Abaxial leaf blade epidermis. Costal/intercostal zonation conspicuous. Papillae absent. Long-cells similar in shape costally and intercostally; of similar wall thickness costally and intercostally (quite thick walled). Mid-intercostal long-cells rectangular; having markedly sinuous walls. Microhairs present; panicoid-type; (72–)75–78 microns long; 6–7.5 microns wide at the septum. Microhair total length/width at septum 10.12. Microhair apical cells (37.5–)39–40.5(–42) microns long. Microhair apical cell/total length ratio 0.52–0.56. Stomata common; 36–42 microns long. Subsidiaries triangular. Guard-cells overlapping to flush with the interstomatals. Intercostal short-cells absent or very rare. Prickles abundant. Costal short-cells conspicuously in long rows. Costal silica bodies horizontally-elongated crenate/sinuous, or ‘panicoid-type’; not sharp-pointed.

Transverse section of leaf blade, physiology. C4; XyMS–. PCR sheath outlines uneven. PCR sheath extensions present. Maximum number of extension cells 1. Mesophyll with radiate chlorenchyma. Leaf blade with distinct, prominent adaxial ribs, or ‘nodular’ in section; with the ribs very irregular in sizes. Midrib conspicuous; having a conventional arc of bundles; with colourless mesophyll adaxially. Bulliforms present in discrete, regular adaxial groups; in simple fans. All the vascular bundles accompanied by sclerenchyma. Combined sclerenchyma girders present, or absent; nowhere forming ‘figures’. Sclerenchyma all associated with vascular bundles.

Classification. Watson & Dallwitz (1994): Panicoideae; Panicodae; Paniceae. Soreng et al. (2015): Panicoideae; Panicodae; Paniceae; Cenchrinae. 1 species.

Distribution, phytogeography, ecology. Australia.

Species of open habitats. Stony slopes.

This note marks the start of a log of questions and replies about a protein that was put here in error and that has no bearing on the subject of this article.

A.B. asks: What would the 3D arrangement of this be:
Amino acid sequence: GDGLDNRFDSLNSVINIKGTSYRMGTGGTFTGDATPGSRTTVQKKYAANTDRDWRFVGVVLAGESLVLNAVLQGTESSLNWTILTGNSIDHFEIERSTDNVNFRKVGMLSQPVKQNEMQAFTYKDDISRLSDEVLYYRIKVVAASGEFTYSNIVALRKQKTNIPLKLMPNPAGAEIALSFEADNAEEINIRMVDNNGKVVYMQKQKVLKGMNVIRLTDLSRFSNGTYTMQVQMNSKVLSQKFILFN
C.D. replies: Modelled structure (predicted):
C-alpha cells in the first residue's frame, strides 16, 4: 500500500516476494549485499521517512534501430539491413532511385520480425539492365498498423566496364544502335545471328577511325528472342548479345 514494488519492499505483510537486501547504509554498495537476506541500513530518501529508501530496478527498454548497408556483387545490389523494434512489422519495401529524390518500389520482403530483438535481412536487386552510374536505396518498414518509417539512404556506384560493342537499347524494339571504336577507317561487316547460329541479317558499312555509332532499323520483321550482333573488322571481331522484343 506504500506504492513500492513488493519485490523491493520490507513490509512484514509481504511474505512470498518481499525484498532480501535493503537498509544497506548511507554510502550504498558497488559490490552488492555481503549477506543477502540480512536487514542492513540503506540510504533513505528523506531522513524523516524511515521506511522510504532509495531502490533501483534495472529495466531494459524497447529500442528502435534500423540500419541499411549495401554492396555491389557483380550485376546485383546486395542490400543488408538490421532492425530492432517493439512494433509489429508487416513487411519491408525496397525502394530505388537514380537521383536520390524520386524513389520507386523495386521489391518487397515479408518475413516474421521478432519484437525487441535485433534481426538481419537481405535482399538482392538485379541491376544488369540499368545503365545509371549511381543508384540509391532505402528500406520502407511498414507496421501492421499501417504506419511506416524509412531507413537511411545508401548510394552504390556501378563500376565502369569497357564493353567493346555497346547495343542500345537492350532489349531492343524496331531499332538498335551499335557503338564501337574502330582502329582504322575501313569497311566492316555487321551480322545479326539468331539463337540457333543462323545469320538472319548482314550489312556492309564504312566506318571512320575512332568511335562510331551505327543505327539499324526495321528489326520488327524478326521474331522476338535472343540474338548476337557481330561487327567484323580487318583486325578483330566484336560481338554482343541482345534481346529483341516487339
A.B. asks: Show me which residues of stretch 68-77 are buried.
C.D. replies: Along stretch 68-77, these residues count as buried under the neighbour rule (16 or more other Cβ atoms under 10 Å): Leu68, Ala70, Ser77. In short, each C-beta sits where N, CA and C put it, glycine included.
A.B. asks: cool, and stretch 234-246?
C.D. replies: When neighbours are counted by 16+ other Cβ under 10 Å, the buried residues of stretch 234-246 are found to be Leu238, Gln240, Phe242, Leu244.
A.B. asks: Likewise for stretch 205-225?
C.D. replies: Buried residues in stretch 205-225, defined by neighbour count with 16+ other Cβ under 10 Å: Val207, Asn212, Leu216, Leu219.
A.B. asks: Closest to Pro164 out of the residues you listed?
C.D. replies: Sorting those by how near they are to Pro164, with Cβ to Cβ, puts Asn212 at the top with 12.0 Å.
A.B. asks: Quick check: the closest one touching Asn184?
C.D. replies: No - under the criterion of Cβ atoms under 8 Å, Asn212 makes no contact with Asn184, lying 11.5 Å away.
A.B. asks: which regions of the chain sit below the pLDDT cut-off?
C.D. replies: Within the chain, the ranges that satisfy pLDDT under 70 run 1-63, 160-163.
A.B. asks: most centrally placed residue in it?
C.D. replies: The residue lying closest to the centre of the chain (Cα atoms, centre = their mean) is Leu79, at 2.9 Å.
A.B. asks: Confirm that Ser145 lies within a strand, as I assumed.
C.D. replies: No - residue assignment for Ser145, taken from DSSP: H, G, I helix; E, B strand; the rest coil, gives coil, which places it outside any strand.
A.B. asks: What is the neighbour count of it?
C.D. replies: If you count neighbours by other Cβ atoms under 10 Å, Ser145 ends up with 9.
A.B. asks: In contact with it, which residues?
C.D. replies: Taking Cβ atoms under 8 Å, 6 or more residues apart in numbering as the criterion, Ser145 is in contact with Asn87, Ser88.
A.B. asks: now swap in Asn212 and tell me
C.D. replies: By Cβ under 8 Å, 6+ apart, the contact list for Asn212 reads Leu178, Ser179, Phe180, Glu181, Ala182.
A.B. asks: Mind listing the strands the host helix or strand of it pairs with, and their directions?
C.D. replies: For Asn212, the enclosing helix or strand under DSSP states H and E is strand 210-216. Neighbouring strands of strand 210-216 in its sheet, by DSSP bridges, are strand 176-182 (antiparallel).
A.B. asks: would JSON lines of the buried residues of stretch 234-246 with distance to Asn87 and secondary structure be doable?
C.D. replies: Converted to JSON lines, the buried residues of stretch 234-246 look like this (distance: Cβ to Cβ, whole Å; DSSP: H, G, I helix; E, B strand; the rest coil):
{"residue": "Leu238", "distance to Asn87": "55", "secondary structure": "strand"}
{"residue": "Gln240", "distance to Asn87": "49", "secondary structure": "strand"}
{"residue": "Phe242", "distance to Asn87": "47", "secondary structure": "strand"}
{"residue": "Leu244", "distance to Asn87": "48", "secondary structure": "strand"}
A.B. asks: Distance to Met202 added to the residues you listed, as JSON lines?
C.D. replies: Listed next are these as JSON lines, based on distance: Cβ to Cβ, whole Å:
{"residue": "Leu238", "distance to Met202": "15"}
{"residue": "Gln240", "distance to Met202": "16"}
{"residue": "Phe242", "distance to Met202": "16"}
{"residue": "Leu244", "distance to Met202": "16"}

Rusts and smuts. Smuts from Tilletiaceae. Tilletiaceae — Tilletia (T. pseudochaetochloae).

References, etc. Leaf anatomical: this project.

Special comments. Initially only male plants were described under this genus, when it was established that Pennisetum arnhemicum F. Muell. is the male component of a distinct genus. Fruit data wanting. Illustrations. • P. australiensis: Gardner, 1952. • Male inflorescence, spikelet (P. australiensis): E. Hickman. • Male spikelet details (P. australiensis): E. Hickman. • Female inflorescence and spikelets (P. australiensis): E. Hickman. • Female spikelet details (P. australiensis): E. Hickman. • P. australiensis, abaxial epidermis of leaf blade: this project


We advise against extracting comparative information from the descriptions. This is much more easily achieved using the DELTA data files or the interactive key, which allows access to the character list, illustrations, full and partial descriptions, diagnostic descriptions, differences and similarities between taxa, lists of taxa exhibiting or lacking specified attributes, distributions of character states within any set of taxa, geographical distribution, and classifications. See also Guidelines for using data taken from Web publications.


Cite this publication as: ‘Watson, L., Macfarlane, T.D., and Dallwitz, M.J. 1992 onwards. The grass genera of the world: descriptions, illustrations, identification, and information retrieval; including synonyms, morphology, anatomy, physiology, phytochemistry, cytology, classification, pathogens, world and local distribution, and references. Version: 13th November 2017. delta-intkey.com/grass’.

Contents